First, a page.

If Liberty doesn't need more than 50% to control the board, why not let the ownership remain below 50%? Liberty CEO Maffei made this statement last year:
... you buy up to 51%, you get yourself into a position of hard control, you then can direct how their cash can be deployed and how you then have a systematic shrink there which increases your ownership percent at the Liberty level.
There are also accounting treatments that change once the level is above 50%. And, if Liberty's eventual desire is to spin out its stake in Sirius XM to Liberty shareholders in a tax-friendly Reverse Morris Trust (or RMT) transaction, the Liberty shareholders must own a majority of the "new" Sirius XM entity, or "new-Sirius." There are different paths that Liberty can take to ensure that Liberty shareholders own a majority of new-Sirius. The most obvious would be for Liberty to simply own enough of the common stock in Sirius XM at the time of the RMT to demonstrate a majority. However, Liberty could also negotiate a premium for Liberty shareholders, or include other Liberty assets in the transaction, that would result in Liberty shareholders owning a majority of new-Sirius.
I suspect that Liberty will be using as little of its own cash to buy the number of additional shares to get to a majority and stay there, preferring to let the Sirius XM share buyback absorb the additional new shares that will come into the market. This would indicate that there could be less immediate buying pressure pushing the share prices higher.
Regardless, Sirius XM shareholders continue to receive news that removes much of the uncertainty that has surrounded the company for the past year. Within the past few months the CRB announced a decision about the company's music royalty rates, the company finally announced the start of a share buyback program, the status of former CEO Mel Karmazin was announced and now the issue of whether or not the FCC would grant Liberty's application for control of Sirius XM has been resolved.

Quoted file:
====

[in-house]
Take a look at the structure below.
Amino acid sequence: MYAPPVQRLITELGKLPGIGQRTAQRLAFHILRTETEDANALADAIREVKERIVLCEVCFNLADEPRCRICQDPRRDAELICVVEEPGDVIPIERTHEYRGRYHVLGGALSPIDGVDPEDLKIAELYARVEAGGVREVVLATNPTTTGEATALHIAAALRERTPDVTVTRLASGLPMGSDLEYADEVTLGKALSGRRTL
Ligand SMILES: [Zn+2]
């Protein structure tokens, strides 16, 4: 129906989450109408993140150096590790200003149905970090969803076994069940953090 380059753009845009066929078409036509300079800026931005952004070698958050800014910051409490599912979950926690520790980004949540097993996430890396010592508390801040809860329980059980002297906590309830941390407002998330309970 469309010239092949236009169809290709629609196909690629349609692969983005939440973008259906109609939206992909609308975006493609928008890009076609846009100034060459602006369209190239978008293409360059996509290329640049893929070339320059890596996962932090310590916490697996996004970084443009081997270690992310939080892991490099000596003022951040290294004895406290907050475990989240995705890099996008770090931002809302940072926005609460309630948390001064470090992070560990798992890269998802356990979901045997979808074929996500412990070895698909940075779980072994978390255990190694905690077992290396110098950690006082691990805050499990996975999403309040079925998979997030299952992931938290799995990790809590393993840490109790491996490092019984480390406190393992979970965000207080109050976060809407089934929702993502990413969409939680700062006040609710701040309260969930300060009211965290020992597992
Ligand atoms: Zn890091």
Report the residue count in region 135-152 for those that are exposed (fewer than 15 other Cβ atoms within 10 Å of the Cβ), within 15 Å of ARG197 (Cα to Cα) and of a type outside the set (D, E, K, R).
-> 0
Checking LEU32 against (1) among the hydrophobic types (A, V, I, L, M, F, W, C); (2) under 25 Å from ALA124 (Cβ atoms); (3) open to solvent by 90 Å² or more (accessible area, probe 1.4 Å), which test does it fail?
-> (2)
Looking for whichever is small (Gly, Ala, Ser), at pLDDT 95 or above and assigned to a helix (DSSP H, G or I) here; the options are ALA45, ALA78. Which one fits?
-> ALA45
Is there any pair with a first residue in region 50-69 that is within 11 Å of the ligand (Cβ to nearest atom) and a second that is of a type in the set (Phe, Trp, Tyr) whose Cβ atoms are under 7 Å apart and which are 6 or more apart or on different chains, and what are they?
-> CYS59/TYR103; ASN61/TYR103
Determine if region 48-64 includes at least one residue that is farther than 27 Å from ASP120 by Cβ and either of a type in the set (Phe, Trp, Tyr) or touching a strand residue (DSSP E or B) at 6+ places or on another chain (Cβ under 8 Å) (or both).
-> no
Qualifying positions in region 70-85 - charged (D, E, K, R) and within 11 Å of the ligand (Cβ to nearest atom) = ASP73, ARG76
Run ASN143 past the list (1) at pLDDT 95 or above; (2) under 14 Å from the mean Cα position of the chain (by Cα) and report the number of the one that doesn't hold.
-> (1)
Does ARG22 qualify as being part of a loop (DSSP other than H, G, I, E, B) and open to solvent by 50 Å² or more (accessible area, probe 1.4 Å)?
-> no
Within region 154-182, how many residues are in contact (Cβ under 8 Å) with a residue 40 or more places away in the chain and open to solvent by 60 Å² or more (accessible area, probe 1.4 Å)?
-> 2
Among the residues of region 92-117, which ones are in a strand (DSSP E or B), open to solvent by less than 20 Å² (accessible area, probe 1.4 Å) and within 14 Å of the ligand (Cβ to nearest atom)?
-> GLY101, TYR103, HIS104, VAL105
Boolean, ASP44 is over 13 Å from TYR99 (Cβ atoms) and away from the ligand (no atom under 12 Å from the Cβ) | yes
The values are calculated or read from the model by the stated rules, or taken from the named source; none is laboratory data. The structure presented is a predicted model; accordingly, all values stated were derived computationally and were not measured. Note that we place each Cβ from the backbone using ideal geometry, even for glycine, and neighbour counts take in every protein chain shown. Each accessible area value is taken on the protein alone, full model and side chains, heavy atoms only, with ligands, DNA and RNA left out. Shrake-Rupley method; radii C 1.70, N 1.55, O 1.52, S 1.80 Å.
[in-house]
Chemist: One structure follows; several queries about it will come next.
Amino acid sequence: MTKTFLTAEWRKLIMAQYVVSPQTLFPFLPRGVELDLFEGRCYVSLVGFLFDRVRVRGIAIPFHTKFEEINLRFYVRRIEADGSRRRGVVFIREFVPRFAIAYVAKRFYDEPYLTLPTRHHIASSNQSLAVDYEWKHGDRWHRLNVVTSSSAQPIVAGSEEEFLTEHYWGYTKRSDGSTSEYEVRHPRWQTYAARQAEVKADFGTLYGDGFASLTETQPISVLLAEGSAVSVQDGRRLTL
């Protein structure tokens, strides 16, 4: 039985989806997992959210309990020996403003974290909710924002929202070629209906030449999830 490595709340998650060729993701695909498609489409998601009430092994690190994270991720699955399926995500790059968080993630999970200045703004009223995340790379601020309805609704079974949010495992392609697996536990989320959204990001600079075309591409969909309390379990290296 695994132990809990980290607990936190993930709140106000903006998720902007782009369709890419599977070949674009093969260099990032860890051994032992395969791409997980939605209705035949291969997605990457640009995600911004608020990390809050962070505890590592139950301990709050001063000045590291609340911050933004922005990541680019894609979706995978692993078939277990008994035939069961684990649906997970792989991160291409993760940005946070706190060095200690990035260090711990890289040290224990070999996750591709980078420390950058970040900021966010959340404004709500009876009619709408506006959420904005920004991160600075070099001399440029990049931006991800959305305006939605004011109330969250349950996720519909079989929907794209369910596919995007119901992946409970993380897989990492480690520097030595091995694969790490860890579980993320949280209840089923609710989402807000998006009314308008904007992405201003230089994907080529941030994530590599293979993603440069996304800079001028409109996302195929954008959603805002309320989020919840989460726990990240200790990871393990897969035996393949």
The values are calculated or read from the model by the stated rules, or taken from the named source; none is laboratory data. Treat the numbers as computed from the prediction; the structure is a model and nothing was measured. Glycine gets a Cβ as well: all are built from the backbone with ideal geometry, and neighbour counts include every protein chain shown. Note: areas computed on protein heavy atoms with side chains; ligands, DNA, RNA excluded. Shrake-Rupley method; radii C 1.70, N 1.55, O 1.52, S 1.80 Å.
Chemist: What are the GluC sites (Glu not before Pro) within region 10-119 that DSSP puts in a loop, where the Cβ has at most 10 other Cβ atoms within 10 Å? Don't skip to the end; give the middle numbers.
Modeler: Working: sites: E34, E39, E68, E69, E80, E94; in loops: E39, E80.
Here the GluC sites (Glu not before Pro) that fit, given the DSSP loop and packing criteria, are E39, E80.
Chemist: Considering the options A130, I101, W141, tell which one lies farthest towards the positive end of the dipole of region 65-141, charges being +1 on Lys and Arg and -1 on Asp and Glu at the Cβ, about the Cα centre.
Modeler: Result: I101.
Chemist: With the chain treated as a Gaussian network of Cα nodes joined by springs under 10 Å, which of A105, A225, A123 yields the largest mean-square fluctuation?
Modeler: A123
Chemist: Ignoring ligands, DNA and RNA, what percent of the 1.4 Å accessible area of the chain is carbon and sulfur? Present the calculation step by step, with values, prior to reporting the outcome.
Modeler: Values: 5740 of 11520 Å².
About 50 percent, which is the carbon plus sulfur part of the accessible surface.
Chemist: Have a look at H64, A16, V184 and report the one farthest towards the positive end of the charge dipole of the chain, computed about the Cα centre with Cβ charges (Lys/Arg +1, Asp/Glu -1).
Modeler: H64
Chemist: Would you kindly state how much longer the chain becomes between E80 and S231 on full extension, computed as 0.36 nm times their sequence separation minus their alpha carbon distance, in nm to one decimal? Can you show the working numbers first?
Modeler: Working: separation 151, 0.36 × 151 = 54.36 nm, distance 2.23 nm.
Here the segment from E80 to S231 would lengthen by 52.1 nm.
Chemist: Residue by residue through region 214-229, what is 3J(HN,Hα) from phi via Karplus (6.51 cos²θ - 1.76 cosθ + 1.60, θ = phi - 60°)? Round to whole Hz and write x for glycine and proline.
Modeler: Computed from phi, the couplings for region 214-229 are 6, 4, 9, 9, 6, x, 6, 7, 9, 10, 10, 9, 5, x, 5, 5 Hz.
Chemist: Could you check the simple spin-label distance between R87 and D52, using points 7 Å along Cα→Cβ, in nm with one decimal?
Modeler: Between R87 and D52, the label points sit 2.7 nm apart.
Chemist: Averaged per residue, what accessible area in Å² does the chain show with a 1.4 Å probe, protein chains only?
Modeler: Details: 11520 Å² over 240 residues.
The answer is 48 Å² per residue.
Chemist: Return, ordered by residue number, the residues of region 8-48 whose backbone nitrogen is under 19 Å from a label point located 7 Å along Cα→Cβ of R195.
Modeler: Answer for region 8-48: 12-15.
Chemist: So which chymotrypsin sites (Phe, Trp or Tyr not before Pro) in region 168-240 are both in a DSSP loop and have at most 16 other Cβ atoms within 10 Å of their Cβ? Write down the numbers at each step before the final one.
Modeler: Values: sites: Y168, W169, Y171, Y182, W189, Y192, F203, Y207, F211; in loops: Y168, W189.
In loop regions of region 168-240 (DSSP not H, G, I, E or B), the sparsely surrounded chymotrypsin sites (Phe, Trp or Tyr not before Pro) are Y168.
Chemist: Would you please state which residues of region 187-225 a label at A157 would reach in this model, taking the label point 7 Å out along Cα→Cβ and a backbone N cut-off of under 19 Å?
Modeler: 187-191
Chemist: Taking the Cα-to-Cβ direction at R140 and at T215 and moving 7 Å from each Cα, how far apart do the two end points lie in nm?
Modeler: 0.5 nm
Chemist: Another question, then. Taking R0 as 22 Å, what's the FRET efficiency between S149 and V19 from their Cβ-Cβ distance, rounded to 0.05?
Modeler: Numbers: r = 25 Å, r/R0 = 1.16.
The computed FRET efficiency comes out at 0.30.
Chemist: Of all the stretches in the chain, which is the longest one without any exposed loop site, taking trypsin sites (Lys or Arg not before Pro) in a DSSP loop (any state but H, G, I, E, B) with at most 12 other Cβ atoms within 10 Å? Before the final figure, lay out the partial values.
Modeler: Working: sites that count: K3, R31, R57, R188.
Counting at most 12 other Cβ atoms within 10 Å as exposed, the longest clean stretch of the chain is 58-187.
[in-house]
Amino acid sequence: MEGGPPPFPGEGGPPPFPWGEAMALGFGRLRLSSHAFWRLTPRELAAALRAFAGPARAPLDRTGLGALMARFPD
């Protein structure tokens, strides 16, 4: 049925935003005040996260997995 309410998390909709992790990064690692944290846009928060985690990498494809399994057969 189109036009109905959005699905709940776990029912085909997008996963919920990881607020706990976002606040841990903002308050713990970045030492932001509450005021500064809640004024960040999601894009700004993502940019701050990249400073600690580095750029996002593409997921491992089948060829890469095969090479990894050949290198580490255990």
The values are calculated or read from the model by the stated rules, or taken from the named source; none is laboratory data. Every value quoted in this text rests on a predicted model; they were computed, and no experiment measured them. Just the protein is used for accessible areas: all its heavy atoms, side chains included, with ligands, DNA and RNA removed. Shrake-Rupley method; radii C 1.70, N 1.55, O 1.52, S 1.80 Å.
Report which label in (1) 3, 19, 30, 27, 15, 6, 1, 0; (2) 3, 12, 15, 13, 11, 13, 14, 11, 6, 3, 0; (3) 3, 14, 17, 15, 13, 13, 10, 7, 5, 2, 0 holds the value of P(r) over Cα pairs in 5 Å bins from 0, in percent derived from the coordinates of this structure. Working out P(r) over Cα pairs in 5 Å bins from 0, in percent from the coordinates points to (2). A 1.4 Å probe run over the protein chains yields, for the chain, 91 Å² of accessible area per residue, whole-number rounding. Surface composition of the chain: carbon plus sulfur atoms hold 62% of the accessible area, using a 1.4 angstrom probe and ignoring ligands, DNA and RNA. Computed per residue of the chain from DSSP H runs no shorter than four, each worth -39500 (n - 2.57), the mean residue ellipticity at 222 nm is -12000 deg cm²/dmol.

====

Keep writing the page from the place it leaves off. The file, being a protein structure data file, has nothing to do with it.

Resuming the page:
Within the next 60 days, shareholders will learn how many shares Liberty will purchase as well as 2012 results and 2013 guidance and even more uncertainty will be removed. Investors looking for some additional insight should plan on listening to Maffei's presentation Tuesday evening at the Citi Global Internet, Media and Telecommunications Conference as well as the one by Sirius XM's CFO David Frear the following day.
Disclosure: I am long SIRI, C. I wrote this article myself, and it expresses my own opinions. I am not receiving compensation for it (other than from Seeking Alpha). I have no business relationship with any company whose stock is mentioned in this article.
Additional disclosure: I have $3 January 2013 covered calls against most of my SIRI position. I also have a variety of other covered call positions. I may initiate (or close) a buy stock/sell option position in SIRI discussed in a recent article at any time. Also, in addition to long-term holdings, I have recently begun day trading 10,000 share blocks of SIRI and may continue to do so. I have no position in LMCA.